Ninkovich generated six pressures against Tannehill with a sack. Chris Jones continues to generate a lot of sacks per total pressures. Basically, if he gets in the backfield on a passing down, he’s probably going to hit the quarterback.

Chandler Jones struggled a bit to get after the passer when lined up across from Bryant McKinnie. The Patriots tried to flip Jones at one point to see if he could get after Tannehill from the left side. He only registered one hurry.

Andre Carter got one hurry in his first snaps of the season. The Patriots didn’t generate much pressure overall until the fourth quarter. Getting six sacks swept any concern about the pass rush away, however.

Check out this week’s pressure charting stats.

Rob Ninkovich: 1 sack, 4 hurries, 1 QB hit
Joe Vellano: 2 hurries, 1 QB hit
Chris Jones: 1 1/2 sacks, 1 QB hit
Logan Ryan: 1 1/2 sacks
Dont’a Hightower: 1 sack, 1 hurry
Dane Fletcher: 1 sack
Andre Carter: 1 QB hit
Steve Gregory: 1 QB hit
Devin McCourty: 1 hurry
Chandler Jones: 1 hurry
Brandon Spikes: 1 hurry

Check out the season charting stats below. Jones and Ninkovich are now tied for total pressures. Jones’ 4 1/2 sacks certainly stand out for a player who’s only been with the team for five games.

Chandler Jones: 6 1/2 sacks, 25 hurries, 10 QB hits (42 pressures)
Ninkovich: 2 sack, 32 hurries, 8 QB hits (42 pressures)
Kelly: 2 1/2 sacks, 12 hurries, 2 QB hit (17 pressures)
Buchanan: 2 sacks, 9 hurries, 3 QB hits (14 pressures)
Chris Jones: 5 sacks, 5 hurries, 2 QB hit (13 pressures)
Vellano: 1 sack, 8 hurries, 2 QB hit (11 pressures)
Hightower: 1 sack, 7 hurries, 2 QB hits (10 pressures)
Wilfork: 4 hurries, 1 QB hit (5 pressures)
Mayo: 1 1/2 sacks, 1 hurry, 1 QB hit (4 pressures)
Spikes: 3 hurries, 1 QB hit (4 pressures)
Collins: 3 hurries (3 pressures)
Ryan: 2 sacks, (2 pressures)
McCourty: 1 hurry, 1 QB hit (2 pressures)
Fletcher: 1 sack (1 pressure)
Cole: 1 hurry (1 pressure)
Bequette: 1 QB hit (1 pressure)
Carter: 1 QB hit (1 pressure)
Gregory: 1 QB hit (1 pressure)

3. Tom Brady has underrated performance.

Brady’s numbers certainly don’t stand out. He only completed 13 of 22 passes for 116 yards with one touchdown and an interception. But of those nine incompletions, only four can be chalked up to the fault of Brady.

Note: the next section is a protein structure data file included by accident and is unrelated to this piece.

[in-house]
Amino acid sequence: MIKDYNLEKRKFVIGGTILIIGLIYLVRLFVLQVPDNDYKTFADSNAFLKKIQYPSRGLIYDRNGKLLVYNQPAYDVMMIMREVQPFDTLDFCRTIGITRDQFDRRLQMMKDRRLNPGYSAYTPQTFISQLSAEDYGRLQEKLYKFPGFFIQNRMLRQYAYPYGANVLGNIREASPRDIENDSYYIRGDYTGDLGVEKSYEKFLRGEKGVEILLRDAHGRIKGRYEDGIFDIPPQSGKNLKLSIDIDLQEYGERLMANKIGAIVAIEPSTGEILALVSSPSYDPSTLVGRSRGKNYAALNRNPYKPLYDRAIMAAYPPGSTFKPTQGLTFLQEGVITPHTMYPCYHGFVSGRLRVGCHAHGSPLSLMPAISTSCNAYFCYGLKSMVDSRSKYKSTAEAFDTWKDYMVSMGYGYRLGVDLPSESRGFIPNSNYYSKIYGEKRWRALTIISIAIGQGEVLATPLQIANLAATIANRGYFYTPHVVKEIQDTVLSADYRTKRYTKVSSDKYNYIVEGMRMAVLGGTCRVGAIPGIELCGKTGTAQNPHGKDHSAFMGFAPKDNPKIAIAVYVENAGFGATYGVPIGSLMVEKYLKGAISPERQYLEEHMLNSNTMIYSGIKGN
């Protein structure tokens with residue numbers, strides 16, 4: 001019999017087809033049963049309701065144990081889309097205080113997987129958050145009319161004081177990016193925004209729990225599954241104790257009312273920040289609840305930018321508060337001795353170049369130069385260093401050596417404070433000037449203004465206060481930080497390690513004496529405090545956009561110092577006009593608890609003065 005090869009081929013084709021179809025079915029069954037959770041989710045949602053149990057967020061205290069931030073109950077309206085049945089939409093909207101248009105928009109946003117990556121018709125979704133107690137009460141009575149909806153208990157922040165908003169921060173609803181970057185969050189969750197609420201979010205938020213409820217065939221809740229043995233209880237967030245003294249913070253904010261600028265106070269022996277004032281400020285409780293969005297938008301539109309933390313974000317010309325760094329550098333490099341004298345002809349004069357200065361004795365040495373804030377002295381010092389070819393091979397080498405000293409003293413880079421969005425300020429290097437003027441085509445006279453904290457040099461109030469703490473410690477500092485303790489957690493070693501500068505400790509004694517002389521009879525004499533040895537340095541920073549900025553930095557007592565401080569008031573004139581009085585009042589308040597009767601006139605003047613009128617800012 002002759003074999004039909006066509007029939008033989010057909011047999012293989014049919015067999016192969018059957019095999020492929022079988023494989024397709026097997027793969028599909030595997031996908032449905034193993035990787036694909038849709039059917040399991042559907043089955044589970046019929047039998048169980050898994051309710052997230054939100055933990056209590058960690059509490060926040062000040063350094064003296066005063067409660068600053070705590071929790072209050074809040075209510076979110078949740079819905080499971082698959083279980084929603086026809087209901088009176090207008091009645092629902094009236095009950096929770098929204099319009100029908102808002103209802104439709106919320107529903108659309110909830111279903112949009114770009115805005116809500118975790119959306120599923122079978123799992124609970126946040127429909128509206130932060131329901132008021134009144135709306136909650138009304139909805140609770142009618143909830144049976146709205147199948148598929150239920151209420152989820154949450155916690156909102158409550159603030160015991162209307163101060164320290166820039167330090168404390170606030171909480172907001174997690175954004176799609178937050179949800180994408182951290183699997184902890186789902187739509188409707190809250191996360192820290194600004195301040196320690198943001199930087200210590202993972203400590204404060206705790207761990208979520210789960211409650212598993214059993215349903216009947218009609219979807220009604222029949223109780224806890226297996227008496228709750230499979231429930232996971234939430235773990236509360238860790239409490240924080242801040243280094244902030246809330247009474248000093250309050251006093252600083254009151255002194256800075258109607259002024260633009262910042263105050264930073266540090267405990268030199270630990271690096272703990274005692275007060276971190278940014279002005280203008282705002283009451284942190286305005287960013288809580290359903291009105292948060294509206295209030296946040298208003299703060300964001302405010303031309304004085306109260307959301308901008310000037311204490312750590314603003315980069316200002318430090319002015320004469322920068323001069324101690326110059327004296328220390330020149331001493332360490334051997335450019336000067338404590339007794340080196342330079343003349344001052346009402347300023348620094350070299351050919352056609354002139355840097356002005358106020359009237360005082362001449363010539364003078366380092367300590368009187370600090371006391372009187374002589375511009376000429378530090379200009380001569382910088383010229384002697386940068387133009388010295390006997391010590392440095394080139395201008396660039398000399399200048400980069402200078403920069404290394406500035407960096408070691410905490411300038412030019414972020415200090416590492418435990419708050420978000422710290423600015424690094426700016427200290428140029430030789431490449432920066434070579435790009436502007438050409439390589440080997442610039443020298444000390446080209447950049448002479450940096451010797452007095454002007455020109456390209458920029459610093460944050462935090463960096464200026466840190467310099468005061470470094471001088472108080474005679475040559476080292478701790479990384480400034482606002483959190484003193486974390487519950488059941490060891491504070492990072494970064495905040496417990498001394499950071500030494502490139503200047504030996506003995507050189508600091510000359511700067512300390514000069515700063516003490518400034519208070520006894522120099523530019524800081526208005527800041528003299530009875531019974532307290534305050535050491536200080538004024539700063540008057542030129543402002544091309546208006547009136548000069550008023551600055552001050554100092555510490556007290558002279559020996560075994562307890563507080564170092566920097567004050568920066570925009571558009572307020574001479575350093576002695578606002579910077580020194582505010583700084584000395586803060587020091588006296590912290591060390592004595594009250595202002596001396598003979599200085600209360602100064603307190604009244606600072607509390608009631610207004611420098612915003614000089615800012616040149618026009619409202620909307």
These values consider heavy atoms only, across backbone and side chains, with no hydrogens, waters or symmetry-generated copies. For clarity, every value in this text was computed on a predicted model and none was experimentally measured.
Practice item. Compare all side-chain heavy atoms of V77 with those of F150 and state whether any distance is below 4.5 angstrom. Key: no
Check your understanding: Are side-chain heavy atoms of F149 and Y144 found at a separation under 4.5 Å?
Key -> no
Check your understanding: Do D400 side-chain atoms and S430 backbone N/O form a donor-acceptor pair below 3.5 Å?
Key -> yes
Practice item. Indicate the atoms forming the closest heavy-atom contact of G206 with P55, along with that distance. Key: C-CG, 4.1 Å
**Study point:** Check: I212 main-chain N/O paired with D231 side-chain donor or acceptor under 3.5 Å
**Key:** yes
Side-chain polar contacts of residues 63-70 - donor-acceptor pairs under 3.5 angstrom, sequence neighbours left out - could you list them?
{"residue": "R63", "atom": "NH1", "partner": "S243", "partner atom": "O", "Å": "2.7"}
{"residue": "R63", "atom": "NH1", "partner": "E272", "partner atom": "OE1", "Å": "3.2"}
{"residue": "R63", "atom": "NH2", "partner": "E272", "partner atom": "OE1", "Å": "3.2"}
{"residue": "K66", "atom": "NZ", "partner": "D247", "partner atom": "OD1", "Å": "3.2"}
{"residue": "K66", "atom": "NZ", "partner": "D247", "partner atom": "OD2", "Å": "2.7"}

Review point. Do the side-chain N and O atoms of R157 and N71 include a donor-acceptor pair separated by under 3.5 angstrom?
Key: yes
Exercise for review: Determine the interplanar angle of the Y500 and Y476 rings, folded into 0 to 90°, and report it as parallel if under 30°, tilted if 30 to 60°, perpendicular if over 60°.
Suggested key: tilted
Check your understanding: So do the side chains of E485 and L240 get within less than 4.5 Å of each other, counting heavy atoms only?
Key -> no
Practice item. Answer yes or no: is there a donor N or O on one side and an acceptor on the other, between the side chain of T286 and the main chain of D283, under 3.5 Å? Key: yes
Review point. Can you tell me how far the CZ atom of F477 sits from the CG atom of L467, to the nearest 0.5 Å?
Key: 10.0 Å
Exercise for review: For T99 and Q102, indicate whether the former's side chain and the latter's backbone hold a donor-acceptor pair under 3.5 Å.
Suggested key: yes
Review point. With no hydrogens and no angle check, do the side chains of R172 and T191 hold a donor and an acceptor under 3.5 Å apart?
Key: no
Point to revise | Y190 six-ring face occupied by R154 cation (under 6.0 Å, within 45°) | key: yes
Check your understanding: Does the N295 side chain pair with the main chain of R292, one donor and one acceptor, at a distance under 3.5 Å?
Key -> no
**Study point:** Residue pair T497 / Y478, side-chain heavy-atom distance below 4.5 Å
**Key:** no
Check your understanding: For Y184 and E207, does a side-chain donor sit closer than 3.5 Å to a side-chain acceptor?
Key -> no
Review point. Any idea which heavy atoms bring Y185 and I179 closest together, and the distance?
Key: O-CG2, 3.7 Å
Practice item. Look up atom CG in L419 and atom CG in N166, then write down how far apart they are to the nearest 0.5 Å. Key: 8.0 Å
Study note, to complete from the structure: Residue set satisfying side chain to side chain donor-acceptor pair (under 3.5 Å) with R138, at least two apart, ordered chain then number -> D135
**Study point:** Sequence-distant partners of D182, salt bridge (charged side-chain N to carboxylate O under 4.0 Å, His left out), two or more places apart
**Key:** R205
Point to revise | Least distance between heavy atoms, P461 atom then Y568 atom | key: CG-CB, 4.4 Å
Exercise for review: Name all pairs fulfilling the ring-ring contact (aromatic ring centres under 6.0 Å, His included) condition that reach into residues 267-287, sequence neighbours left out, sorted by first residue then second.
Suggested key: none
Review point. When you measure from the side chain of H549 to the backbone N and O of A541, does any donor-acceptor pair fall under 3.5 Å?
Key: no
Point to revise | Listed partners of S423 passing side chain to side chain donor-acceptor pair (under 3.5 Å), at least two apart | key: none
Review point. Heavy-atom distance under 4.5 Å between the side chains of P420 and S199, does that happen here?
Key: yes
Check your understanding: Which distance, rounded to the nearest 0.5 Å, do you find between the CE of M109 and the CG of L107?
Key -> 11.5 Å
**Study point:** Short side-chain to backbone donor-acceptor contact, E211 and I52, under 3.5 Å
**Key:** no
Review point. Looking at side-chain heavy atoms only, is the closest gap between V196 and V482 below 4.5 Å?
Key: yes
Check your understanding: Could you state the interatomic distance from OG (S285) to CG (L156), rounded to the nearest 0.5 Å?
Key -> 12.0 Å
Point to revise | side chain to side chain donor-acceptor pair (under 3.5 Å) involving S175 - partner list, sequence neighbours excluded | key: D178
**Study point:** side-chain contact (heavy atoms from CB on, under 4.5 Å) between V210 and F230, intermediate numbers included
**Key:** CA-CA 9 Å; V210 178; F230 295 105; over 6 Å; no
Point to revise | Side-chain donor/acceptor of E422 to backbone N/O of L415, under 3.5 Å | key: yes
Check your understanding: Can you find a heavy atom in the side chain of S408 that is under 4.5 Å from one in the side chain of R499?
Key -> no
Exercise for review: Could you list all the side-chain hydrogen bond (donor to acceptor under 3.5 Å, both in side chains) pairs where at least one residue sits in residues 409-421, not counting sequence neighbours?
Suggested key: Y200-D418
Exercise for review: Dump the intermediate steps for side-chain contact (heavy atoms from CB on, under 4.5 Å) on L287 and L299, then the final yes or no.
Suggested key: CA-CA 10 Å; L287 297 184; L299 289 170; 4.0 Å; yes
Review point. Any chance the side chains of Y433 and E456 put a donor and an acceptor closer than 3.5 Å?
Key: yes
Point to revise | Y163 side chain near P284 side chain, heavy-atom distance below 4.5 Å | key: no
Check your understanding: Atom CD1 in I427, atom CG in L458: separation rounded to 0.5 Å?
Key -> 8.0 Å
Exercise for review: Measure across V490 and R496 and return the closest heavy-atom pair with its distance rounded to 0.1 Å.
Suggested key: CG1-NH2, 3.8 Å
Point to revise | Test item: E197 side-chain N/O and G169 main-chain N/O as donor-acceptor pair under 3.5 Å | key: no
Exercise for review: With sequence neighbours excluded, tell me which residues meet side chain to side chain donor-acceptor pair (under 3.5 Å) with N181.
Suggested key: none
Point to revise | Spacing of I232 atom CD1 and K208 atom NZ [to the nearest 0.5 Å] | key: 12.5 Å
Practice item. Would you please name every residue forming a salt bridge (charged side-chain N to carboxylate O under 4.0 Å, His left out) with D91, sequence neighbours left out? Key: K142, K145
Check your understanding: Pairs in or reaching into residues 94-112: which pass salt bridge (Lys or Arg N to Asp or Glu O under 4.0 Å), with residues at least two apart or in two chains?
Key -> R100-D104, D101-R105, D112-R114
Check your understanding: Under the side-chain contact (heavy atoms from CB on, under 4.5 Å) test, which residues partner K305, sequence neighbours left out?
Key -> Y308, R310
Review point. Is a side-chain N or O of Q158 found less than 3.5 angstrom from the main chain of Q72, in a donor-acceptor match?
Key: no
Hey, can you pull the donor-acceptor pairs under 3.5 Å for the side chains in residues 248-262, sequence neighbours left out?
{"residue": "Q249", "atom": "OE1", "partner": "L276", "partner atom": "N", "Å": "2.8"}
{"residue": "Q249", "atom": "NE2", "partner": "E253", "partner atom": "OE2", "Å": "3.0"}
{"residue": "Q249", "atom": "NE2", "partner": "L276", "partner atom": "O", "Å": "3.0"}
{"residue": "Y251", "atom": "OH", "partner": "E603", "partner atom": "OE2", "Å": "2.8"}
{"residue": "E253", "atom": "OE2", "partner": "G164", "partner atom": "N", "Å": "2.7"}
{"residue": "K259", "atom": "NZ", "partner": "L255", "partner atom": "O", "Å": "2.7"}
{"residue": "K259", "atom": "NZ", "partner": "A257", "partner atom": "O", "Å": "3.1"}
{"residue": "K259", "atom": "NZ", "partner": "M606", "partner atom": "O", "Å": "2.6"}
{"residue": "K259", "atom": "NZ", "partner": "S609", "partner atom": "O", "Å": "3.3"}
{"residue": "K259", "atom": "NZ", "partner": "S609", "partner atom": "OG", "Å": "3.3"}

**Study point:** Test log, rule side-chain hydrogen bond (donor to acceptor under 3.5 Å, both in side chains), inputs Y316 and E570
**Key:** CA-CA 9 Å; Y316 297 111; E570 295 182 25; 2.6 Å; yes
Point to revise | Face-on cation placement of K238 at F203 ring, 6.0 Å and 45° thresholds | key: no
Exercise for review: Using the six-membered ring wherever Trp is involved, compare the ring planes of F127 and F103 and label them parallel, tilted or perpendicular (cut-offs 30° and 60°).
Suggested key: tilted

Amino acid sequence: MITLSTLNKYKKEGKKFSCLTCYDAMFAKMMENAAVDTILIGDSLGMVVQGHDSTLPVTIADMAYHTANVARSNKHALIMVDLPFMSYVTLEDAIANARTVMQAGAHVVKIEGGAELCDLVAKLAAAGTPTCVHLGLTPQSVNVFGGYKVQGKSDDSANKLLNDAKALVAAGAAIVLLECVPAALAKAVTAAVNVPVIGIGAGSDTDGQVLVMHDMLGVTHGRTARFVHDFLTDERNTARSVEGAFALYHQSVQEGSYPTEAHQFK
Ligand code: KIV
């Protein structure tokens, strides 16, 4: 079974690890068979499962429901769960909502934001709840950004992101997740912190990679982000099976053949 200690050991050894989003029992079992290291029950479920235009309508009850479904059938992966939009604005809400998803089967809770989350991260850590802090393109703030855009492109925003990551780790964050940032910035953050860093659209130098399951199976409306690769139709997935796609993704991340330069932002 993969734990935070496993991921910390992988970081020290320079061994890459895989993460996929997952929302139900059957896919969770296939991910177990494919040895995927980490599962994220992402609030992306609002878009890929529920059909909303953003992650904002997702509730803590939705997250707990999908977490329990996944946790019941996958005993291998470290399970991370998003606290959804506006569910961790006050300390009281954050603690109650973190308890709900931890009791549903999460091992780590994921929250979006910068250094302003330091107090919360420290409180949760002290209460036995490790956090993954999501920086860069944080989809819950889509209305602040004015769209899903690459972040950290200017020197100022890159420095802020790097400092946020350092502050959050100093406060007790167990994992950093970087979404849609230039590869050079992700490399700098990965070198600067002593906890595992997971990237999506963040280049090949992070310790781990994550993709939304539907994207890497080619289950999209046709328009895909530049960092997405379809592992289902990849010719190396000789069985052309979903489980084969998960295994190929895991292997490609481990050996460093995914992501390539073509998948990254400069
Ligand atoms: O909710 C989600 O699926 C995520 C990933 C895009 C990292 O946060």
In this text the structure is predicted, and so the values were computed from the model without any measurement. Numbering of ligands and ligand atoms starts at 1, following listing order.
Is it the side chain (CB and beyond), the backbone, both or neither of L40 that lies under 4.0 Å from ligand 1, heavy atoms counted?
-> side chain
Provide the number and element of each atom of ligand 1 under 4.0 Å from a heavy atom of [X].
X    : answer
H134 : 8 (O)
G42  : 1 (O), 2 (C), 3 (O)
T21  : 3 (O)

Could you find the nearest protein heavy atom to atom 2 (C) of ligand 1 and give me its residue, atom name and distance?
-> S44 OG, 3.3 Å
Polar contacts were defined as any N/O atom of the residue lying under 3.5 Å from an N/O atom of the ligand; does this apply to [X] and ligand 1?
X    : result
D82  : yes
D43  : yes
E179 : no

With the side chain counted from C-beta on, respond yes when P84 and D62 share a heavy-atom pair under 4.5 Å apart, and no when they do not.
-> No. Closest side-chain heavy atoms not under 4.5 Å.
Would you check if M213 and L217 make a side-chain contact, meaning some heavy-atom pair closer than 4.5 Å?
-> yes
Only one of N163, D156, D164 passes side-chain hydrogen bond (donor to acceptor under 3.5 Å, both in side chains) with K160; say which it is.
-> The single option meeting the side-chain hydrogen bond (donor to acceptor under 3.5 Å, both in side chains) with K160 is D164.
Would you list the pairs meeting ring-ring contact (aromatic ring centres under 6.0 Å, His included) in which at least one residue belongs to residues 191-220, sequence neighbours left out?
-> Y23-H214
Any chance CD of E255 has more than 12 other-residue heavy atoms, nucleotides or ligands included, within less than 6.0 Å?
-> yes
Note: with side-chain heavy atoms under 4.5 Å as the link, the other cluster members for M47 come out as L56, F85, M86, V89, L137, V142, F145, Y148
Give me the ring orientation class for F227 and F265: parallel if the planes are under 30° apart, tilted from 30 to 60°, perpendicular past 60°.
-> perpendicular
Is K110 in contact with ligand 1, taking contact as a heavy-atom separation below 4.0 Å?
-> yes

Aaron Dobson dropped one pass, Rob Gronkowski dropped another and Danny Amendola dropped a pass that was thrown slightly behind him. It could be split between Brady’s and Amendola’s fault.

Brady also had one throwaway, and Dimitri Patterson made a nice play on one pass.

Overall, it was an OK performance by Brady and his receivers. The game just didn’t dictate many throws from the signal-caller.

4. Aaron Dobson leapfrogs Kenbrell Thompkins.

With Amendola and Gronkowski back, Dobson got the majority of snaps in the X receiver role. He played well, hauling in four passes on five targets from Brady for 60 yards and a touchdown.

This doesn’t necessarily mean the end of Thompkins’ starting role on this team, but Dobson has played very well lately. He’s gaining separation, even if it means pushing off every once in a while. It was nice to see Brady look Dobson’s way as frequently as Gronkowski’s.

5. Run defense could still be an issue.

The only reason the Dolphins stopped running the ball is that they saw the game slipping away from them. I have no doubt that Miller and Thomas could have kept running the ball down the Patriots’ collective throat.

Chris Jones and Joe Vellano do a nice job of getting into the backfield against the pass and run, but they’re still having a tough time holding their ground. That will improve when Tommy Kelly returns, but we have no idea when that will be yet. Kelly was spotted on New England’s bench before the game in street clothes with his two sons, but that basically means nothing.

Have a question for Doug Kyed? Send it to him via Twitter at @DougKyedNESN or send it here.